The WHO Vape Ban - will vaping be banned in the UK?
Recent vaping news in the UK has been overwhelmed with reports of a vaping ban imposed by the World Health Organisation (WHO).
The reports purport that a UK, EU, and US – and possibly even worldwide – vaping ban will prohibit the sale of all open systems. In the event of such a ban, the sale of all box mod, pod mod and refillable pod and pen devices would be outlawed. This means that the vape market would consist of only closed systems with pre-filled e-liquids such as Dinner Lady’s Vape Pen and JUUL disposable pods. Such a ban would prevent vapers from tailoring their vape to suit their individual flavour and nicotine preferences. Such vaping regulations would, supposedly, be implemented to ensure the safety of vapers from harmful substances including unregulated e-liquids.
No such report or study from WHO currently exists, however. The news derives largely from speculation of the Conference of Parties for the Framework Convention on Tobacco Control (WHO FCTC COP9) that is due to take place later this year.
In reality, many UK health and vaping organisations oppose such notions and continue to advocate for the existence of a tobacco alternative that helps smokers transition to a much safer alternative.
John Dunne, Director General of UKVIA, for example, states that “Vaping’s success as an industry, and its potential for public health improvements, is built on empowering personal choice. Different systems, styles and flavours give consumers the options they need to leave combustible cigarettes behind.”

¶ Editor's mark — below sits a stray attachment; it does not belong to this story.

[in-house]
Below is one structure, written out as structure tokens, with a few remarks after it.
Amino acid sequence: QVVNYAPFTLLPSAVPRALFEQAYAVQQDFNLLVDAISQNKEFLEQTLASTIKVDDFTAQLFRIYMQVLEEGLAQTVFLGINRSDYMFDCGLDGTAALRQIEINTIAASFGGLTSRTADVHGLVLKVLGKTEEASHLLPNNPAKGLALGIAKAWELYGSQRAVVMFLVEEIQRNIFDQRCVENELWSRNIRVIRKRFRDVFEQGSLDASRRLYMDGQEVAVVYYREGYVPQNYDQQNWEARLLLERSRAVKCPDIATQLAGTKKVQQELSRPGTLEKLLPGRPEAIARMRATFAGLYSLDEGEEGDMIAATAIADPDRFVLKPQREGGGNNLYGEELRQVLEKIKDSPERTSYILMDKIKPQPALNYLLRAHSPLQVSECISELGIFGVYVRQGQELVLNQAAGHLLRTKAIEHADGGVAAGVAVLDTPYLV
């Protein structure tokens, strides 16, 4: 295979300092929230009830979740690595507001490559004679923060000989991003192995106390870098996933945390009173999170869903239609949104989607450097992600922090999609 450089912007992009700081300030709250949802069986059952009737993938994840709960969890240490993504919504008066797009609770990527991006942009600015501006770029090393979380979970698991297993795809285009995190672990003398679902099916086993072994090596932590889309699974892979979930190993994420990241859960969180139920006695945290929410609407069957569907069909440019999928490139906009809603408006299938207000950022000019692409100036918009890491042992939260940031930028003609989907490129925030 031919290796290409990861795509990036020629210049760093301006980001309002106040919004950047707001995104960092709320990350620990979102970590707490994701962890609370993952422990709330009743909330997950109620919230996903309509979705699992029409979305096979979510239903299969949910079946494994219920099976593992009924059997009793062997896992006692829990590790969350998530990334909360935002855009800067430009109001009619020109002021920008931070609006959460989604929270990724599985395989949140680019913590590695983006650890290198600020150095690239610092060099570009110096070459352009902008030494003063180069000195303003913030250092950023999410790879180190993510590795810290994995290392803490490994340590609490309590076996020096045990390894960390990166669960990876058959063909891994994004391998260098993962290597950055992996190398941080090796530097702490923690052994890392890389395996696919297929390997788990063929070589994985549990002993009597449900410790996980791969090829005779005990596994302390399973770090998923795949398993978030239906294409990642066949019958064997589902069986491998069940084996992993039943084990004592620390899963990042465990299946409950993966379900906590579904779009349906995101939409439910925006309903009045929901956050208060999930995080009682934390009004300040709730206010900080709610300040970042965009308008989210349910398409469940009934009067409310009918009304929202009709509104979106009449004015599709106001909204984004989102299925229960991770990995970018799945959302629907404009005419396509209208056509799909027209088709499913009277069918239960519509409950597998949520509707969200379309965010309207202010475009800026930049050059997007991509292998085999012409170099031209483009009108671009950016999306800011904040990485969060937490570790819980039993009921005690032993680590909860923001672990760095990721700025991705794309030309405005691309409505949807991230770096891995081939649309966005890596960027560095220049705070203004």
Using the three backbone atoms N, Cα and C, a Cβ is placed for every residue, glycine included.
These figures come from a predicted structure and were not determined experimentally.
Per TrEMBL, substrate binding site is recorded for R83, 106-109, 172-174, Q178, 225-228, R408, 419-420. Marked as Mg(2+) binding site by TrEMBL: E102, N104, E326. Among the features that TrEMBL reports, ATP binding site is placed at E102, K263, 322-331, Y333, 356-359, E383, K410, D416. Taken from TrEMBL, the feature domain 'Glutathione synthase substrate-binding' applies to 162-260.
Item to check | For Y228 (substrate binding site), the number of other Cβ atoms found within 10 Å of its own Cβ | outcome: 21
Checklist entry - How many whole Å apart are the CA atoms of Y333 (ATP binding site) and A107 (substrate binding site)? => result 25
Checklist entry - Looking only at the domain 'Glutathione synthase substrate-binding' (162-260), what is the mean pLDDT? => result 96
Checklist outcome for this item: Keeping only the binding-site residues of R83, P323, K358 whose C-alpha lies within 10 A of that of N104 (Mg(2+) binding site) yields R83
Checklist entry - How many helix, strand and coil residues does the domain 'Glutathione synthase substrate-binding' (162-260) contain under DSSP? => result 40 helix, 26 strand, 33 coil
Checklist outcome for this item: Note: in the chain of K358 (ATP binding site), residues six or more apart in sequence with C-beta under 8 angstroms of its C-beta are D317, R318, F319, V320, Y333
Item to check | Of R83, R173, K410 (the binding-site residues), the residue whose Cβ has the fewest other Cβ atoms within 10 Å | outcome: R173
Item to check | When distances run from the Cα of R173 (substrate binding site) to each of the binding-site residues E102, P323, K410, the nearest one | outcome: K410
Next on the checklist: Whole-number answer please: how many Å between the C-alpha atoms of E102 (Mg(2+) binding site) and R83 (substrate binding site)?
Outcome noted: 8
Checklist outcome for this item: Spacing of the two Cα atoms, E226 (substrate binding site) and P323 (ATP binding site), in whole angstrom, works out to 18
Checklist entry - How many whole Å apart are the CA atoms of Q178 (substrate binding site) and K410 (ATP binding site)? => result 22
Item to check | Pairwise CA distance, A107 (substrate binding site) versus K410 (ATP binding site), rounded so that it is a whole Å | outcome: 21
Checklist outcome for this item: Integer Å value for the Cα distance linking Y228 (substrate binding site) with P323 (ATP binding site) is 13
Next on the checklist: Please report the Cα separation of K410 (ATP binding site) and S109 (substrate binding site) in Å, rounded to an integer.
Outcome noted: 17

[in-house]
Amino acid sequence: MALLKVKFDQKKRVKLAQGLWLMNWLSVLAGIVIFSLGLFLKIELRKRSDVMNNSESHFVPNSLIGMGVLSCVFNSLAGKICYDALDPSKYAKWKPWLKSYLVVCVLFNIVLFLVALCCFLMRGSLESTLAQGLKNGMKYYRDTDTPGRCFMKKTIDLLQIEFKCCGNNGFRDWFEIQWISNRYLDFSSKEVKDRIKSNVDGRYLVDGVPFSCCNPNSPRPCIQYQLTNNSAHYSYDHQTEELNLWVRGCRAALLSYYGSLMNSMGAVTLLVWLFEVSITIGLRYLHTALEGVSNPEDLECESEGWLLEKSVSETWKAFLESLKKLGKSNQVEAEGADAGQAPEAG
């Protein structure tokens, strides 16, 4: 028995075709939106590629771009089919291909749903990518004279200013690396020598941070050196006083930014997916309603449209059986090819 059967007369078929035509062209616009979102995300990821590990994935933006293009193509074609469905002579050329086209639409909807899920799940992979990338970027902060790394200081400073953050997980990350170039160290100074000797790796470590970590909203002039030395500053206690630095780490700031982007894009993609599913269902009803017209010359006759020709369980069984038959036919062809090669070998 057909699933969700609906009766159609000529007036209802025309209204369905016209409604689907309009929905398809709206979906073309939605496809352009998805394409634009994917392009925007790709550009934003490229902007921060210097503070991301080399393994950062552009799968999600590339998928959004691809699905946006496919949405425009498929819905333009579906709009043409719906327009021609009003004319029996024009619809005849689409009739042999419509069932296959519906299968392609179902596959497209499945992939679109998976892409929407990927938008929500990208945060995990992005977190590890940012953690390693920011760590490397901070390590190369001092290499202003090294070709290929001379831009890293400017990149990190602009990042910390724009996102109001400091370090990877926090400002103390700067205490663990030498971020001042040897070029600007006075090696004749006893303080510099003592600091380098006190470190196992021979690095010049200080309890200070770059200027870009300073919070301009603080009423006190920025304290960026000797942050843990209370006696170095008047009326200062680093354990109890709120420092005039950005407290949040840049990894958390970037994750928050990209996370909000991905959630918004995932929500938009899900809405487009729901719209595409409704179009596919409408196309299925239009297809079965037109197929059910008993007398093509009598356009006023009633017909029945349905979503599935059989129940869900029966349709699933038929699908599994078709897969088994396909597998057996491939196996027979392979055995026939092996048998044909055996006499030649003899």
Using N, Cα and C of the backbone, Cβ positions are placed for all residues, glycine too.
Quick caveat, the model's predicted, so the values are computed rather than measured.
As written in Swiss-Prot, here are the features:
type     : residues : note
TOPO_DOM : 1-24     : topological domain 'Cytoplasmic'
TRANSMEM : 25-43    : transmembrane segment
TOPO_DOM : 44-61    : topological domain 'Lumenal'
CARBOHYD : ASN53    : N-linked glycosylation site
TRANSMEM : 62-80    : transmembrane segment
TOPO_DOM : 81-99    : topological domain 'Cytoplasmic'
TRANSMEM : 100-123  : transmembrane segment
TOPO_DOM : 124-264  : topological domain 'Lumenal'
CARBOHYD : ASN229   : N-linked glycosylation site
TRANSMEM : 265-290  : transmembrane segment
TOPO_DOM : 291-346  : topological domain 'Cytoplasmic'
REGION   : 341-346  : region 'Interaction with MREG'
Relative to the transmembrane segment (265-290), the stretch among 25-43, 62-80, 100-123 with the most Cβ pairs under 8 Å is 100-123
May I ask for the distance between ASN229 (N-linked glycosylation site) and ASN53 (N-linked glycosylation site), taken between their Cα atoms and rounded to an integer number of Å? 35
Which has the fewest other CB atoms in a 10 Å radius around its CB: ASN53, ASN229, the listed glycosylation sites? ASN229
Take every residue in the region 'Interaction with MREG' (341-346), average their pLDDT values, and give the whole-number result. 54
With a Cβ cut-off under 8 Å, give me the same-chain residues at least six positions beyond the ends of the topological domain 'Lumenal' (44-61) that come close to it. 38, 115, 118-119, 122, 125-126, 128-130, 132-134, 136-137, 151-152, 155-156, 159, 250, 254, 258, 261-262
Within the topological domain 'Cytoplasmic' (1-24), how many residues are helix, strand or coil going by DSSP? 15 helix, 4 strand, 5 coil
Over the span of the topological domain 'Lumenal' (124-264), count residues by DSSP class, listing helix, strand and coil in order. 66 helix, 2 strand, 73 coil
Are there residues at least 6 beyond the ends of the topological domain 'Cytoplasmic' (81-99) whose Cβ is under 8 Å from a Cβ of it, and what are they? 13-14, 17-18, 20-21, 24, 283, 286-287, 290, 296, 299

Furthermore, Public Health’s England’s Vaping Evidence Review of 2021 suggests that vaping products are the most effective method to help smokers transition to a safer alternative to tobacco with over 50,000 smokers stopping smoking with a vaping product in 2017 alone.
In addition to this, regulated e-liquids such as Dinner Lady’s range of 50:50s, Nic Salts, 30:70s, Shortfills, Nicotine Shots and Concentrates comply to all regulating bodies including MHRA and TPD. Made in state-of-the-art cleanroom laboratories and operational facilities in the UK, Dinner Lady’s e-liquids are compatible with all open devices.
So, will vape juice be banned?
There is currently no evidence to suggest vaping will be banned and plenty of evidence to support the continuation of open-system devices. More information will be available following the WHO FCTC COP9.